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The Basketball Press Break

More Options to Beat the Full Court Press

A good basketball press break will have several options to draw on, to take advantage of whatever situation the defense opens up. And since the defense in pretty much every zone press will be double teaming at some point, they will be opening up an opportunity somewhere - your players just need to watch for it and run the appropriate option in your press breaks.

The press break options here stem from the initial set-up found on the Full Court Press Break page. If you haven't seen that set-up yet, check it out before looking at the options below, as they will make more sense if you know the set-up first.

Remember, one major reason that presses work is because they upset the offense, increase anxiety levels and thus cause the turnovers. You need to run your press breaks in practice at the intensity of game level - have your defense yelling to each other, calling movement, moving to position like they would in the game so your offense has to work to move the ball up, to keep their heads and look for the opportunities that will open up.

Full Court Basketball Press Break:
Scoring Option #2

basketball press break - option 2

  • The second pass option begins with a pass up the sideline to #2 (this assumes #4 is too closely guarded to receive a pass)

  • As soon as this pass is made, #1 sprints to the middle lane, #4 sprints to the far lane, and #3 hangs back, still as a safety

  • The ball is either:
    • passed back to #1 and he leads the break; or

    • Passed down the sideline to #5, who immediately looks for #1 cutting hard down the middle.

  • Either pass results in #1 taking the ball down for a fast break, looking to pass on the weak side to #4 as he cuts to the basket, or to #5 as he runs in

Full Court Basketball Press Break:
Scoring Option #3

basketball press break - option 3

  • If none of the previous options appear, the safety pass is to the small forward (#3)

  • Once this pass is made, several things happen at once:

    • #2 sprints in from the half to the top of the key, looking for the pass
    • #4 sprints to the sideline, filling that lane
    • #1 begins running upcourt, filling the final lane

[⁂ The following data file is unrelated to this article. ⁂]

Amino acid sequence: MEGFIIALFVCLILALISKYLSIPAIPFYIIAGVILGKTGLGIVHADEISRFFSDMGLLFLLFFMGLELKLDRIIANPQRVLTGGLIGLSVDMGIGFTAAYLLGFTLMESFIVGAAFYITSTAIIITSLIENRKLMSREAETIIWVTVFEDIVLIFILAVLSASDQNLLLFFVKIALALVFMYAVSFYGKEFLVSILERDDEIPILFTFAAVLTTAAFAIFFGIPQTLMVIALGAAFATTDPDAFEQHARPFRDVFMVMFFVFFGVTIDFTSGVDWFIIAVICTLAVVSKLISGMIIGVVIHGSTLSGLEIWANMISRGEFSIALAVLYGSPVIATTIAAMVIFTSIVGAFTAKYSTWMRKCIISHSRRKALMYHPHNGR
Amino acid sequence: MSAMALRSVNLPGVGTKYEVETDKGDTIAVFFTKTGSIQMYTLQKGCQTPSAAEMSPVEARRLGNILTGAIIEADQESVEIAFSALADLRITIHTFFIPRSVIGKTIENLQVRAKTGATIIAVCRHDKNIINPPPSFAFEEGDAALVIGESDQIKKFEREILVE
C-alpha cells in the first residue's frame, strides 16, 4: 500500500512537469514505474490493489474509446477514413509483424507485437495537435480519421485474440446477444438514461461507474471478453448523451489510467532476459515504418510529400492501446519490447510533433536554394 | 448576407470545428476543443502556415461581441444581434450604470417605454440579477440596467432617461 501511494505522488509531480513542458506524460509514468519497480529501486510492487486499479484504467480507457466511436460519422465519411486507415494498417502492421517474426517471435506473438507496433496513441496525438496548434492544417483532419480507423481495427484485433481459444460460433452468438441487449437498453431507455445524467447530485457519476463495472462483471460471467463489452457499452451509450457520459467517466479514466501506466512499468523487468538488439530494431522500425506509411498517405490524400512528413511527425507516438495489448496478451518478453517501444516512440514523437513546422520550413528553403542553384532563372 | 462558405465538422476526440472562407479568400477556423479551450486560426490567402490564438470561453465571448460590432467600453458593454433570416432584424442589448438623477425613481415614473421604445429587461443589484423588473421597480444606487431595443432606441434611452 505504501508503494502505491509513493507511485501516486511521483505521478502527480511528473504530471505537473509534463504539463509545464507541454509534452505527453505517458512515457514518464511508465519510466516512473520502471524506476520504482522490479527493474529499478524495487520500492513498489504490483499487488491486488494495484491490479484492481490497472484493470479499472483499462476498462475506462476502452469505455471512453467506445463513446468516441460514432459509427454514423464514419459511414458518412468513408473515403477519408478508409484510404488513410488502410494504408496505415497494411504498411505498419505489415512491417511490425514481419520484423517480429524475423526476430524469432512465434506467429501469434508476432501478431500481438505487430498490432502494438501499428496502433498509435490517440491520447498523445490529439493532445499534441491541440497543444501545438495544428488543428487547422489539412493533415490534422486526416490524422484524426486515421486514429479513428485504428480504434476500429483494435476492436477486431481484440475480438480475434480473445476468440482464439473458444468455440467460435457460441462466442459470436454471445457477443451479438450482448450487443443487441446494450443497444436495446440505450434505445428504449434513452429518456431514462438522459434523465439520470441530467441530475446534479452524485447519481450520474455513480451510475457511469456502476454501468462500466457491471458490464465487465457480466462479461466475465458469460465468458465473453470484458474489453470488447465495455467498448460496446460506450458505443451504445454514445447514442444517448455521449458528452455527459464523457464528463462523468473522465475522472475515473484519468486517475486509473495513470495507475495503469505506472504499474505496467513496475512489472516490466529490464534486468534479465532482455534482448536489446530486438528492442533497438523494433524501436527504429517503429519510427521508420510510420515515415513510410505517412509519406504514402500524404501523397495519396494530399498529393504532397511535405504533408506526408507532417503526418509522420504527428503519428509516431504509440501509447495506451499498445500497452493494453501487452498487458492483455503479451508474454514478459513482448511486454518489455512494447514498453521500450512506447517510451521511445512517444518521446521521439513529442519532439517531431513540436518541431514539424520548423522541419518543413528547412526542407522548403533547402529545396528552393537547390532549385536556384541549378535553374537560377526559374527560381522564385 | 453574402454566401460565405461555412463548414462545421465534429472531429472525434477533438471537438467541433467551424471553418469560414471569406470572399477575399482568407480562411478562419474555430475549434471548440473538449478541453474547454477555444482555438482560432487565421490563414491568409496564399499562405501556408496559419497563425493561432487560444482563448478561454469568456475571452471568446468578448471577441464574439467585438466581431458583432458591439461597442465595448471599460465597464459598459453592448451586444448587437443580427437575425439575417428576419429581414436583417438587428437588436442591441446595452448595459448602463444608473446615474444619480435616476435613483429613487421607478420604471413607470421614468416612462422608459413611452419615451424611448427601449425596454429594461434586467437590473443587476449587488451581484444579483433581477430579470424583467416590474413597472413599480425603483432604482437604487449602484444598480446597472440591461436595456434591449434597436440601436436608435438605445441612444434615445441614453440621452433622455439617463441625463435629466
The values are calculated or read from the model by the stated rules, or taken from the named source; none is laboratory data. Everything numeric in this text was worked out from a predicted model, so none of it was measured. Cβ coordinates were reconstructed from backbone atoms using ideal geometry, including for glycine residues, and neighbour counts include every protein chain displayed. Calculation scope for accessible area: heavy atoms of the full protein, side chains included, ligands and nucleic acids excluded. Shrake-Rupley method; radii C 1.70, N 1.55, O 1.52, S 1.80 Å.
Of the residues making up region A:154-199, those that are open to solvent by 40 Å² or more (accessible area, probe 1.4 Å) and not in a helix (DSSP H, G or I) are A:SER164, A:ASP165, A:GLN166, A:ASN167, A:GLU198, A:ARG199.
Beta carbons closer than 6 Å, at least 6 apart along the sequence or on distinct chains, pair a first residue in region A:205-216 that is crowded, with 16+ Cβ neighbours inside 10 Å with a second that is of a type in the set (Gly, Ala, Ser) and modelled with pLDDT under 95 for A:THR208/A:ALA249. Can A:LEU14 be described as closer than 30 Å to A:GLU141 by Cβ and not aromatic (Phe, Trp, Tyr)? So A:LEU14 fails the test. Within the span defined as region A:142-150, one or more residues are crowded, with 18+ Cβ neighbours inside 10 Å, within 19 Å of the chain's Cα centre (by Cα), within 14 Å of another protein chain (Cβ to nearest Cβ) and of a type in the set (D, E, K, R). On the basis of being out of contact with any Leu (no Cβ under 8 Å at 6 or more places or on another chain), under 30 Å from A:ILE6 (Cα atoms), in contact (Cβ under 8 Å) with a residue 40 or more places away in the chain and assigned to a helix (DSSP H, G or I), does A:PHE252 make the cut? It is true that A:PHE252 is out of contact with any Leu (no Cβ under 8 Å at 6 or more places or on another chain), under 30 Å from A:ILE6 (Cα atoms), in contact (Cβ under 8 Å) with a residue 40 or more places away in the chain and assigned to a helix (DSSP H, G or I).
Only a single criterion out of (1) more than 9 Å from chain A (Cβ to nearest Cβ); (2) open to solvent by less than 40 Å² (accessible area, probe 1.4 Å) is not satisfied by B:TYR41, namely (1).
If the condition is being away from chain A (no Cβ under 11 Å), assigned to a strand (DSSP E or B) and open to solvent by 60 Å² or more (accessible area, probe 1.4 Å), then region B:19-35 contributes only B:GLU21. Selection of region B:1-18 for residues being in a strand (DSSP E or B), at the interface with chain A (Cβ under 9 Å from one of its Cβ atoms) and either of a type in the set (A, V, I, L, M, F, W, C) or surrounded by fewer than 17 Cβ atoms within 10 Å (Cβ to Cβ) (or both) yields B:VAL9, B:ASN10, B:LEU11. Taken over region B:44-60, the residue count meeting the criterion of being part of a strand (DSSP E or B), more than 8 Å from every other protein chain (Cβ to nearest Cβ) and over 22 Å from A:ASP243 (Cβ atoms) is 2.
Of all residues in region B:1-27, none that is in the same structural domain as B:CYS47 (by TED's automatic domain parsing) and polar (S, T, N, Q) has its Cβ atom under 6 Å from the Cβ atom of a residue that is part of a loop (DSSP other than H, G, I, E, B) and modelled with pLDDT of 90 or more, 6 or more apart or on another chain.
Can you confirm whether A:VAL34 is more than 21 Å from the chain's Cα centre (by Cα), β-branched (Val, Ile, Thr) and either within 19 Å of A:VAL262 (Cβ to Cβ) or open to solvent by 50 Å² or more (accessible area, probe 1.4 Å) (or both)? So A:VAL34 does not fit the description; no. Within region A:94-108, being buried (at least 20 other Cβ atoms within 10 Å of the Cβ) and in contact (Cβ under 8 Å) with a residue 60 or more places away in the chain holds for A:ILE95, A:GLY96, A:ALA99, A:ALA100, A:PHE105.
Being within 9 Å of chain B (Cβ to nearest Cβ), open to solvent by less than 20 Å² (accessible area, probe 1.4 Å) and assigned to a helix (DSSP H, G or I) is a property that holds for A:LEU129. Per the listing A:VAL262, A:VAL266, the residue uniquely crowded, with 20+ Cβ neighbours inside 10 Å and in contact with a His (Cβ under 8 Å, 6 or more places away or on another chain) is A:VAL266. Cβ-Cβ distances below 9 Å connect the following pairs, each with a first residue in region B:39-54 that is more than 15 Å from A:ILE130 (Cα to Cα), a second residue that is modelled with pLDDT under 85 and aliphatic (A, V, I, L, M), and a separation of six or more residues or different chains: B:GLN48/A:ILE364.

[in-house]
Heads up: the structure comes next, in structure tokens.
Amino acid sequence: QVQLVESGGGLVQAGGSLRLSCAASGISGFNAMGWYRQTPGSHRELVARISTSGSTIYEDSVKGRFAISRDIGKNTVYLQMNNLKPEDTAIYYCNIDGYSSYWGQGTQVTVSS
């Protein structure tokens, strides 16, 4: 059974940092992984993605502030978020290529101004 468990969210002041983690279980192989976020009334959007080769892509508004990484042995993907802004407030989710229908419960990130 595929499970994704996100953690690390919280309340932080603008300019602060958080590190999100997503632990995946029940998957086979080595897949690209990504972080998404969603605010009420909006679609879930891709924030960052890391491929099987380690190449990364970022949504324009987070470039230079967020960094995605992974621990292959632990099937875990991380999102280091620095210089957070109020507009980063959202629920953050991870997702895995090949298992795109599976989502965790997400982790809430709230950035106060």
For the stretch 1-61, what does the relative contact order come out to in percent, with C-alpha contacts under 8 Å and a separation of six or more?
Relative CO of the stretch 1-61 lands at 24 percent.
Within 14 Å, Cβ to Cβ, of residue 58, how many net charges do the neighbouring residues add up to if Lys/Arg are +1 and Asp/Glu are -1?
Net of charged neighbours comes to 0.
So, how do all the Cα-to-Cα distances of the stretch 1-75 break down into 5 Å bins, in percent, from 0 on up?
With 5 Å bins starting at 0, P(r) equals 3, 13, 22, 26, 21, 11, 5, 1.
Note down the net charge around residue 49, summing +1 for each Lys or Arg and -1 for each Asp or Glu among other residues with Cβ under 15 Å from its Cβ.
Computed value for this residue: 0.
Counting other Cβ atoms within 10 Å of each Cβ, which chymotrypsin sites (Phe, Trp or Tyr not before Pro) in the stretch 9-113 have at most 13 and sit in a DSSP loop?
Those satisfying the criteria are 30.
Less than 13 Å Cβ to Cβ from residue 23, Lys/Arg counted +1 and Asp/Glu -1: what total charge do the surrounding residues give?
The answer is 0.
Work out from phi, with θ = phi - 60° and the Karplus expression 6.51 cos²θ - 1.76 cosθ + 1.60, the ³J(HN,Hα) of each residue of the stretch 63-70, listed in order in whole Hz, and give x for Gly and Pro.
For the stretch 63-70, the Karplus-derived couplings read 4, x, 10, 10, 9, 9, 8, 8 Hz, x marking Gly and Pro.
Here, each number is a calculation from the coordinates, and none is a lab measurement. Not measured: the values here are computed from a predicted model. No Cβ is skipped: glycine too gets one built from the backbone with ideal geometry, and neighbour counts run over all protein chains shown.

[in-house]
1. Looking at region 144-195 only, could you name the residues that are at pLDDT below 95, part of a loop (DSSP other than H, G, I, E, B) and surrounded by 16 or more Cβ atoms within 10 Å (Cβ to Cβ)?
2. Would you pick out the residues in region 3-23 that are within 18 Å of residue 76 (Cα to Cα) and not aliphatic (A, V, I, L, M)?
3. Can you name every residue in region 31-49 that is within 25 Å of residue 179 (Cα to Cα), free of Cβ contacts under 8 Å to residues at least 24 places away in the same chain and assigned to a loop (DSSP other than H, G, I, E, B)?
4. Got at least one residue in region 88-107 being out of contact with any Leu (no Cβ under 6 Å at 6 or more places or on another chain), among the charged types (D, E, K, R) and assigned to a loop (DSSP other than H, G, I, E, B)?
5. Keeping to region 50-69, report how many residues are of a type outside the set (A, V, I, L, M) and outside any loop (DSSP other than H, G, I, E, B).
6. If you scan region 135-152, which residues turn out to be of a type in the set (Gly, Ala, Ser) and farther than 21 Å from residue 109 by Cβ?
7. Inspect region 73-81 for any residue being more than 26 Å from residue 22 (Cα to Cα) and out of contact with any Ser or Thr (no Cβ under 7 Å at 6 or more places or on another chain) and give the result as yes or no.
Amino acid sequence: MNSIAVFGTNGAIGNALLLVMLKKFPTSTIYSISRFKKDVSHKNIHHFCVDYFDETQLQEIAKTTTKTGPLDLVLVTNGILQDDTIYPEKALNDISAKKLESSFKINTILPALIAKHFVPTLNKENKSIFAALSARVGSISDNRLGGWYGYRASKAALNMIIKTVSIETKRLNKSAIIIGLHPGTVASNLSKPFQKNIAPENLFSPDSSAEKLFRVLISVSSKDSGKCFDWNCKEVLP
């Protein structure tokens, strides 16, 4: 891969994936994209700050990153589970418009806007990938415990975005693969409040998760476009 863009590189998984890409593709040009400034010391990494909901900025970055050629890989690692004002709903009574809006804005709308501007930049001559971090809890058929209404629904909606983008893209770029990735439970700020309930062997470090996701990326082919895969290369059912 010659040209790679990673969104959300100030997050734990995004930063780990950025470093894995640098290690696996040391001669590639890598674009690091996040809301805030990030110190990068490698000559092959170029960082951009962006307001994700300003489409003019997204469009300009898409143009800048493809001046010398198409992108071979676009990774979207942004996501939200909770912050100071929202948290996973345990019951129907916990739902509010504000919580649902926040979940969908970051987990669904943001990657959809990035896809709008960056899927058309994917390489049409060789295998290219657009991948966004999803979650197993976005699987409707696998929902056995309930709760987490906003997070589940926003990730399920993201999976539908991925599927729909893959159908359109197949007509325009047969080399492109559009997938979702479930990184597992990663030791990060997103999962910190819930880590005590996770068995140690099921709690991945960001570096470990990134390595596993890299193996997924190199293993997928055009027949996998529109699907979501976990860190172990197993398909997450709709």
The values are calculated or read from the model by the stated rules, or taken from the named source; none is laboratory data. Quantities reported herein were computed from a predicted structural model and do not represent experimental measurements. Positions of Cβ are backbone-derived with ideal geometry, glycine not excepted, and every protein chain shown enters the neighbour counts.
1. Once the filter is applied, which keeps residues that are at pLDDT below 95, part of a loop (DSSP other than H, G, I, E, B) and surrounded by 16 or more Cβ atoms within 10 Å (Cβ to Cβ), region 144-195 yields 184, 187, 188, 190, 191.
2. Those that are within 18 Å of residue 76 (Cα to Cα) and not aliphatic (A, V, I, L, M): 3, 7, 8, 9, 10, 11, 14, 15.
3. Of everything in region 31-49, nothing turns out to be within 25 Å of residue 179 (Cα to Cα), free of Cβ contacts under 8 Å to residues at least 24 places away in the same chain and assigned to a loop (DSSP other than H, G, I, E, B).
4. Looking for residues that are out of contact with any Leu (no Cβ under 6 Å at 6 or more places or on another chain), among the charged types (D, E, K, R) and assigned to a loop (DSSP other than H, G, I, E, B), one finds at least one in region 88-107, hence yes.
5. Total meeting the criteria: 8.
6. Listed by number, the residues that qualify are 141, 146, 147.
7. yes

• #5 sprints to the half court circle, taking care not to cross the half court line and definitely not to straddle it

  • If the pass goes to #2 at the top of the key, #2 looks to the center court line to pass to #5. If this pass isn't available, #2 may dribble the ball himself up court

  • #1 and #4 fill the lanes on the fast break

Full Court Basketball Press Break:
Scoring Option #4

basketball press break - option 4

  • If #3 passes to #4 on the sideline, #5 immediately sprints to the same sideline, looking for the pass downcourt from #4

  • If #4 passes to #5 down the sideline, #5 immediately looks to #2 racing down the middle

  • #4 may also pass to #2 in the middle, in which case #2 leads the fast break down court

  • Either set of passes means the ball is in the middle, with #2 leading a fast break and #5 and #1 filling the lanes

The press break can seem a little complex but once your players have practiced it a few times, they'll pick it up. Players have a fairly rigid set of movements to follow, which will help some players. Others may feel constrained or confused, but it is important to remember and to remind the players that to succeed, the press break needs to be calm and controlled, not wild and frantic.

And remember to always focus on scoring - you must score if you want the defense to let up - you must punish them for putting this press on you, and force them to take it off. If you don't score on them, they will press you all night, which will be exhausting for you. Use this basketball press break to make them pay for making you work.

Other resources to help develop your basketball press break:

Better Basketball Coaching Pages & Resources
External Resources

Good luck developing a killer basketball press break, and happy coaching!

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